Raised by Wolves, Bears, Whatever – Economy of Storytelling.

I finally caught the first two episodes of the HBO Max exclusive series Raised by Wolves. You can watch the first episode legit for free on Youtube here. I recommend you do, because it hooked me very hard. If you’re a fan of Warhammer 40,000 or crazy Sci-Fi with robots and uncomfortable religious cults, I think you’re going to like it.

Anyway, without going into spoilers/plot specific details, a scene in the second episode caught me off guard with how good it was at introducing five new characters in just a handful of lines and nonverbal acting.

Five characters are brought into an unfamiliar setting, and in we get their names, which I’m awful at remembering, but we also get little reactions from each of them about how they’re going to survive this new, incredibly perilous situation they find themselves in.

It caught me off guard because I know now these characters by their beliefs rather than their names, and all it took was a single line or reaction to a line from another character. For example one character immediately gives up her symbol of religious faith recognizing that their captor/liberator frowns upon it. Another character, the youngest, cries helplessly, and one of her fellow captives moves immediately to pacify and calm her. Yet another character scoffs at the situation, and finally a fifth character tells them all to stop arguing, stressing that arguments will get them killed.

These five characters are all children by the way, instantly raising the stakes by this nature alone.

What does this have to do with OSR and RPGs in general? Well not only does the group of children mirror the size of your average party of D&D adventurers, but we don’t have much time for character development, and the writer/director/editor all know we need to grow some attachment or at least meaning to these characters or we’re not going to care about what happens to them – we have to know what’s at risk of being lost so we care more about the threat.

DO THIS IN YOUR GAME. We all lament the lameness/boring aspect of “You all meet in a tavern” and often with good reason, but there’s no reason you can’t emulate the type of scene from Raised by Wolves in your own game, in a tavern, in session 1.

For example, take the “meet in a tavern” thing and inject some fear/danger into it immediately. There’s a couple of easy ways to do this. My first idea that comes to mind is to have the person calling them together – normally someone who needs a job done, right? – have this quest giver poison their food and have a partner of the poisoner somewhere else be the only person with the antidote.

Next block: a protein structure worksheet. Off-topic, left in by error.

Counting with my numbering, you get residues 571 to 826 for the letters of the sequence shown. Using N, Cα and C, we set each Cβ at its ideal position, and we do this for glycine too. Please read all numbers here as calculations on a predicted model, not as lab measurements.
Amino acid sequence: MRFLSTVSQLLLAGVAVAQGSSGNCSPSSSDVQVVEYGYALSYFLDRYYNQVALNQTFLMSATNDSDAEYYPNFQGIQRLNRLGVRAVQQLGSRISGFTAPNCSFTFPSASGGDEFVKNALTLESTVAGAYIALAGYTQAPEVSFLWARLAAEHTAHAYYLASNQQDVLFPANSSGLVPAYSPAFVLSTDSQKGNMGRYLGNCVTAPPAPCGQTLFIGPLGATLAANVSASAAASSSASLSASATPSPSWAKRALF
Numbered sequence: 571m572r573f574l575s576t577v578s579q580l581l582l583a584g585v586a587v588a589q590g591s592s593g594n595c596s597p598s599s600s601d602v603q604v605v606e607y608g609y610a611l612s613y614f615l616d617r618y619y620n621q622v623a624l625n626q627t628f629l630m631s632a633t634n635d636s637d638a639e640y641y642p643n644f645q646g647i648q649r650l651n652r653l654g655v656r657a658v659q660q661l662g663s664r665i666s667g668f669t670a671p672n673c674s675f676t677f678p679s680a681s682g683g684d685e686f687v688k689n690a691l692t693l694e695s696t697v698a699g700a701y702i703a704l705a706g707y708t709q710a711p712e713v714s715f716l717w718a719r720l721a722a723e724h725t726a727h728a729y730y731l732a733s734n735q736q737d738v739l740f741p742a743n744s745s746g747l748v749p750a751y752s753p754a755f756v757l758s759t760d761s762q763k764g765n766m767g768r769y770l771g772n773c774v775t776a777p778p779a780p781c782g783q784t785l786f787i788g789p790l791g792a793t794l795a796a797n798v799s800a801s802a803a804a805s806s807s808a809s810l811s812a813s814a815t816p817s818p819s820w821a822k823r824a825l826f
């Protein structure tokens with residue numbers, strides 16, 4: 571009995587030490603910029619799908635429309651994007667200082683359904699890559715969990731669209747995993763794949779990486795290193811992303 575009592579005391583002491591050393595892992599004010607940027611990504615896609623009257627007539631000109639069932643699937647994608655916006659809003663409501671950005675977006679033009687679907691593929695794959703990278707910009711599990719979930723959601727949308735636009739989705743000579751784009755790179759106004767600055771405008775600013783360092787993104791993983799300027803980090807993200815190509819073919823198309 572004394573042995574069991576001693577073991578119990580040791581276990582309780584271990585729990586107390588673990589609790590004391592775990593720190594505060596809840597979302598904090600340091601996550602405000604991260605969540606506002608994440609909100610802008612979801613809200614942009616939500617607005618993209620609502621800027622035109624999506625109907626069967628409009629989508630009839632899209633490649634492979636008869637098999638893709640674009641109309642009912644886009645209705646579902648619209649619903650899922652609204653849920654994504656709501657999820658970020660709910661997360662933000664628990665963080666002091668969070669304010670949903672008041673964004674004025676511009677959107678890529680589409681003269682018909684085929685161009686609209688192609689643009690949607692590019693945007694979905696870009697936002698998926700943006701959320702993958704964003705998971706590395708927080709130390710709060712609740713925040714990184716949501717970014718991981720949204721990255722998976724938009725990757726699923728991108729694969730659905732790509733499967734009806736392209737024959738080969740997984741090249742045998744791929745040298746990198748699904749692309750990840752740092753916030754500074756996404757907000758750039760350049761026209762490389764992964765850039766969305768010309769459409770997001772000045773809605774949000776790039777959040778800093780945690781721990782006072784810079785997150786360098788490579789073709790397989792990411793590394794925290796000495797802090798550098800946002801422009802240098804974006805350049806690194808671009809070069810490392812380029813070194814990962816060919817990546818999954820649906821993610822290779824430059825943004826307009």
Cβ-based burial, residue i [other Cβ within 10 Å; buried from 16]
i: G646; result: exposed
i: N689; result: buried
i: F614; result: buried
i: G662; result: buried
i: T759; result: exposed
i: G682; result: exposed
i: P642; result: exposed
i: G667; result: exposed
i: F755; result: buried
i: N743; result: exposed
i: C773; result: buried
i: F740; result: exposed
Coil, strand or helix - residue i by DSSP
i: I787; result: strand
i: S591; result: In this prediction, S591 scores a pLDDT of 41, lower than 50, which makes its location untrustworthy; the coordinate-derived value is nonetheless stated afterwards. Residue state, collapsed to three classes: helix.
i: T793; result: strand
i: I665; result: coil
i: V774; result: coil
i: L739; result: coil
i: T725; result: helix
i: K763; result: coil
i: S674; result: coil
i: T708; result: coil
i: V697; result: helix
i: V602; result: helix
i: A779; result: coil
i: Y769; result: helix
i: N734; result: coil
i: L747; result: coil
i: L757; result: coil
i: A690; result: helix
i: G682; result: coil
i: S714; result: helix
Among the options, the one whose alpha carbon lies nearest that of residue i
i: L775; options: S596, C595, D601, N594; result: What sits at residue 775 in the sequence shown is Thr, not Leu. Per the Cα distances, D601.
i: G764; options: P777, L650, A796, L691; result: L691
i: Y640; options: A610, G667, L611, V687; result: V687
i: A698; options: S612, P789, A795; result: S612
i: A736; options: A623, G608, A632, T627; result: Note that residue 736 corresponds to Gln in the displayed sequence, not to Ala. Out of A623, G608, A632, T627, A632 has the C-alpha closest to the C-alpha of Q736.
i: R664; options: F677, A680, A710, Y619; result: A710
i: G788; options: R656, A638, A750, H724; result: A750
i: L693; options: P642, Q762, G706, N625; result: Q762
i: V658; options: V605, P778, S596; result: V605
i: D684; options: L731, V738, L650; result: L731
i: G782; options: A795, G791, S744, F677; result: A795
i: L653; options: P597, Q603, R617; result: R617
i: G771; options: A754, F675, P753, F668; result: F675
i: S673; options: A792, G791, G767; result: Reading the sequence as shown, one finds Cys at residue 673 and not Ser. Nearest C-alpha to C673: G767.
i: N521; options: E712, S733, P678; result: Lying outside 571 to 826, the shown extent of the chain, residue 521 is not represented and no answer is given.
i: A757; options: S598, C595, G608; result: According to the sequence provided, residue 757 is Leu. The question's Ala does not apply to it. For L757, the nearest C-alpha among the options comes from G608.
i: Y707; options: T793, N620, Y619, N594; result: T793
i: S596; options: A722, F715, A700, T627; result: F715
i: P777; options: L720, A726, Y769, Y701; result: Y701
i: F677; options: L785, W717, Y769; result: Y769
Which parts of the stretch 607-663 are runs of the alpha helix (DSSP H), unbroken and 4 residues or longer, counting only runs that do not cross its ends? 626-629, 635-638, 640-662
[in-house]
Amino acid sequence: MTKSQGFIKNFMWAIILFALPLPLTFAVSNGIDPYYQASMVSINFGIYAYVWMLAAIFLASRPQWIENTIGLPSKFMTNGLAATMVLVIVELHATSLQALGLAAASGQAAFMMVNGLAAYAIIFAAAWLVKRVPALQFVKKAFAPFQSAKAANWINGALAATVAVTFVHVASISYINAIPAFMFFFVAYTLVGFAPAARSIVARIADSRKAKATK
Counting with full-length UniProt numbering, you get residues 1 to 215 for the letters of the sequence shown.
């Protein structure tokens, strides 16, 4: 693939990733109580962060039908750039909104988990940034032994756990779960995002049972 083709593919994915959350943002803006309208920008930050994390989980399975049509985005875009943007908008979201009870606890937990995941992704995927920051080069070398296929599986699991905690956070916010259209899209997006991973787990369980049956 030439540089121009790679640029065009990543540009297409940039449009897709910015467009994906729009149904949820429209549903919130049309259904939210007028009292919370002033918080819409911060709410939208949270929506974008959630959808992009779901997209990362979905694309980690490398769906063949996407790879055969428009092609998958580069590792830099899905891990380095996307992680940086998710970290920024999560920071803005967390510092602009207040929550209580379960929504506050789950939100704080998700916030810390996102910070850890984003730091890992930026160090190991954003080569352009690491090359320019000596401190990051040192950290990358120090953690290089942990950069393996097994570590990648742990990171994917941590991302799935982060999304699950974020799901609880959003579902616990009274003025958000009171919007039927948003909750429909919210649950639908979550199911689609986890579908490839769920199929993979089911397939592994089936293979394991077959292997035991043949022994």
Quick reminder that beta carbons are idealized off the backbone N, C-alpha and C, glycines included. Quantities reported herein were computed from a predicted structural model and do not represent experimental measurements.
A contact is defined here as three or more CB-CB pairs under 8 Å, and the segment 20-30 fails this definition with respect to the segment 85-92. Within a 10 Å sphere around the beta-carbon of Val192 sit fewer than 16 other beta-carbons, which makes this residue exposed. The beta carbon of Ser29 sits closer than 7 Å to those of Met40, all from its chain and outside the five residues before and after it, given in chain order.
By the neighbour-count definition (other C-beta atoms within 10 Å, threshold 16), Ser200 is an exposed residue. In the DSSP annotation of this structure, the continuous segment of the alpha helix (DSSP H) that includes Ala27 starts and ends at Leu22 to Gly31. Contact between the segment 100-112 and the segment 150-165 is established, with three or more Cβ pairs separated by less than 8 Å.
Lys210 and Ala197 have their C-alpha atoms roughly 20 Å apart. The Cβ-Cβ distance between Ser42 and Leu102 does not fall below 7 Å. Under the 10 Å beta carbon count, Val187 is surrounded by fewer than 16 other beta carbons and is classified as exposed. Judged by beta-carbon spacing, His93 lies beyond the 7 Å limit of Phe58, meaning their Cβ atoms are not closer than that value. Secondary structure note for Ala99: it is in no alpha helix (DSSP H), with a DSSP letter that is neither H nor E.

Let each character react in turn to this news. You’ll probably only pull this off once as they will likely suspect someone in the future of trying the same trick, but it’s worth a shot as a way to inject some time and pressure on the players immediately. Character is what happens when obstacles are put in front of someone, and this is a great way for your players to show off their characters and questions them immediately on how their character reacts to personal threats.

There’s lots of other ways to do this – you could have a necromancer curse them at the start of the first session. You could run one-on-one sessions for each character getting poisoned individually and then told to go to the tavern and meet the rest of the team. Although this does take away some of the fun of seeing your player characters interact with each other, it does present an opportunity for your players to get a feel for their characters as they exist “in the wild” or when they have the spotlight on them.

I know in practicality this isn’t new advice – start your campaign with a bang! Right? But focus in on those character reactions. It doesn’t really matter what the threat is as long as it hits them where they live.

2 thoughts on “Raised by Wolves, Bears, Whatever – Economy of Storytelling.”

  1. Good article and ideas.

    However, a partner of the poisoner is the only one with the “anecdote”? That reminds me of this one time when something happened…

    Liked by 1 person

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